Buying cheap tools, for instance, is actually ...

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The S&W lock issue just won’t go away.

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Several people emailed me about The Firearm Blog’s picture of Jerry Miculek’s 627PC. It would appear that his gun has had the locking mechanism disabled, leading to much renewed discussion about the incidence of accidental lock activation.

When the locks first came out there were a few reported cases of locks self-engaging. The wisdom of the internet held that the locks were just fine, that S&W would never knowingly introduce something that would put people at risk, that ...

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FRIDAY SURPRISE: I want, I want, I want!

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I mentioned that last weekend I was on the range for a defensive rifle class. The range is not too far from a small airport, and it’s common to see all kinds of interesting aircraft fly overhead.

The students were preparing to shoot another drill when an autogyro passed overhead. I had to stop and watch it disappear behind the hills, because as a kid I was entranced by this movie:

Ever since then ...

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What’s in MY holster? Nothing esoteric – just solid, reliable guns.

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I get many emails asking what I carry on a daily basis. While my choices are mine alone, and aren’t meant to be prescriptive for you, why I choose certain items may be of some help to you.

As most probably already know (or, from the pictures on this site, have managed to guess) I often carry a revolver. Not 100% of the time, mind you; there are many instances when I carry an autoloader, and have done so for many years. ...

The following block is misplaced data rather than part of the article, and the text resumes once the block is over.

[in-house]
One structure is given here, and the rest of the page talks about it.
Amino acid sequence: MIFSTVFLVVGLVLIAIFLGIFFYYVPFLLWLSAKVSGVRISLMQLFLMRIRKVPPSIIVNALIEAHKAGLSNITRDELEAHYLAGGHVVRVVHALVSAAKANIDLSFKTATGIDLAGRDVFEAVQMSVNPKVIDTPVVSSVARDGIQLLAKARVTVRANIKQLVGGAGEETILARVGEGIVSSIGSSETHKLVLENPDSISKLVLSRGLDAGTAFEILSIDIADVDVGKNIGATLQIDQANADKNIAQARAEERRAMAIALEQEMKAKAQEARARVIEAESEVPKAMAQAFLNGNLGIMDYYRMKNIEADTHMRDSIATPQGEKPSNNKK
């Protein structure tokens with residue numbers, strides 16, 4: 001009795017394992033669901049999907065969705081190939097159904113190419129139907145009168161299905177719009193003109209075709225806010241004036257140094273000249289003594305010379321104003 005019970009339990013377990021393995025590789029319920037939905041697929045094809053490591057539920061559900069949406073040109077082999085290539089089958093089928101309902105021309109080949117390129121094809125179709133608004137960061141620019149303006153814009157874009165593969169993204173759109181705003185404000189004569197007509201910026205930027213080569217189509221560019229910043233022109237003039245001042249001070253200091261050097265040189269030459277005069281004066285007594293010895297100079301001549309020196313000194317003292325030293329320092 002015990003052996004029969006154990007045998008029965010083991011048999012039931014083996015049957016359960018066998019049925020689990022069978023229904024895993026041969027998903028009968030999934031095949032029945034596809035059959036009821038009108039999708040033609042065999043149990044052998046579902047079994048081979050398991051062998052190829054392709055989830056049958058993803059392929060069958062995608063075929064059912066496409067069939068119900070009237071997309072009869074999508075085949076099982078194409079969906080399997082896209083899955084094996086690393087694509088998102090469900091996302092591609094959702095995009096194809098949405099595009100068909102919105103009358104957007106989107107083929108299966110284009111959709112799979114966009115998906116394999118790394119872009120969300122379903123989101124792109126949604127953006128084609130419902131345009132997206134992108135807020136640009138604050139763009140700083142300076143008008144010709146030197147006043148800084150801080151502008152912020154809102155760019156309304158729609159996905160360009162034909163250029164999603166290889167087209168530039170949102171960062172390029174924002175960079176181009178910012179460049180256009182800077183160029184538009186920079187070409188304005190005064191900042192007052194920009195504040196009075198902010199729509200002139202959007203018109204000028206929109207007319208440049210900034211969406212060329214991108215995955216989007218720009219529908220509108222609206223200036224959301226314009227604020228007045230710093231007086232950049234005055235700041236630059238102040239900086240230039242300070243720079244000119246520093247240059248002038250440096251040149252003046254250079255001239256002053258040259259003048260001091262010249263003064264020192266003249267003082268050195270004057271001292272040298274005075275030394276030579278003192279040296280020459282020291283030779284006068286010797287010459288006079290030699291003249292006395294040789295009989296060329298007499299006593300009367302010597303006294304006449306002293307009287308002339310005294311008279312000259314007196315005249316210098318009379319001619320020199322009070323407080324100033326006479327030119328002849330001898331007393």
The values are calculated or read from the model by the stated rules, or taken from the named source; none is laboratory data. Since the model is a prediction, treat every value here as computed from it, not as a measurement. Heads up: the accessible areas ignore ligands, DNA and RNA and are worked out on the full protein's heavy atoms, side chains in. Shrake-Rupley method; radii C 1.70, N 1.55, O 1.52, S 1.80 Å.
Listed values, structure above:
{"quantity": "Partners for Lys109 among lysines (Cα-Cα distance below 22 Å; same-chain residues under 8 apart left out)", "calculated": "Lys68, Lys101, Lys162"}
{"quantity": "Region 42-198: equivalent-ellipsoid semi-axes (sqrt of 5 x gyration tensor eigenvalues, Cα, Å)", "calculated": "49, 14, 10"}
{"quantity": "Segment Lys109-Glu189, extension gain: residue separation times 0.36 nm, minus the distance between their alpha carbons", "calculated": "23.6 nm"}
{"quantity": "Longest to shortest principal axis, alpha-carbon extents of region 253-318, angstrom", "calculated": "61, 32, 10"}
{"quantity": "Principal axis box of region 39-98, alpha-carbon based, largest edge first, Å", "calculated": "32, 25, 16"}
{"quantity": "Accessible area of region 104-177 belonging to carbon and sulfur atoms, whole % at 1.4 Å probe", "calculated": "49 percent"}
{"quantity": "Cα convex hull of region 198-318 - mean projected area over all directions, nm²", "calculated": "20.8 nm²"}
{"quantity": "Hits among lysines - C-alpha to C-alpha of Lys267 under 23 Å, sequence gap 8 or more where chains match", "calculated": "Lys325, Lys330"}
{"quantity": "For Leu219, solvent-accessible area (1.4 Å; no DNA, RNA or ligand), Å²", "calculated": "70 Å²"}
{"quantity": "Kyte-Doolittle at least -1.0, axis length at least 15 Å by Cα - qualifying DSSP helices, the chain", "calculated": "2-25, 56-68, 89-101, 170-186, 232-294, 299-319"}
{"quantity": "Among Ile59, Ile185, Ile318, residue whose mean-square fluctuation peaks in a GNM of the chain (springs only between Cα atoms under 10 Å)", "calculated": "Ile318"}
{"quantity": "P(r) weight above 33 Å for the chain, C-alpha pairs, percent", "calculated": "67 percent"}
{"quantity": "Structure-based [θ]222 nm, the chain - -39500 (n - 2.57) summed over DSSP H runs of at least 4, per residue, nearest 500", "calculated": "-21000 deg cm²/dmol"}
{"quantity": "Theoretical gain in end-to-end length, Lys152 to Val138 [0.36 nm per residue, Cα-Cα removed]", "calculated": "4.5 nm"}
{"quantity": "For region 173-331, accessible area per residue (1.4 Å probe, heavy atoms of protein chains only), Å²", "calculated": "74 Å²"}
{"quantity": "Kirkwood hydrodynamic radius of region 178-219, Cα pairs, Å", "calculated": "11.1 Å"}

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What happens after the shooting? Get this free booklet and learn!

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It’s easy to get preoccupied with in the shooting part of self defense preparations. Let’s face it: shooting is fun!

If you take self defense seriously, however, at some point you have to ask about the “after part” – what happens after you’ve discharged your gun at an assailant. This is an area that is infrequently covered, or simply covered in misinformation.

Marty Hayes wants to change that.

Marty is the President of the Armed Citizens Legal Defense Network, which ...

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Mil-dots. iPhones. It had to happen.

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From The Firearm Blog comes news about a new iPhone/iPod Touch app called Mil-Dot Rangefinder which claims to “take the math out of ranging targets.” Intriguing idea.

Sadly I have no mil-dot scopes in my inventory; several scopes with rangefinding reticles, but no mil-dots. This app is therefore useless for me, but looks pretty neat and will probably be of great value to those who do have appropriate optics.

I must admit that I feel my ...

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Hey, I made the ProArms Podcast!

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Last year Gail Pepin interviewed me for the ProArms Podcast, and it finally got released this week!

I’m pretty sure the delay was due to the amount of editing required. We were up at the Firearms Academy of Seattle, and Gila Hayes had insisted that I try a dessert she’d made – some sort of brownie mocha torte. Near as I can tell it starts with a 55 gallon drum of concentrated chocolate extract which ...

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What I did on my days off: I taught a class with Rob Pincus. A good time was had by all!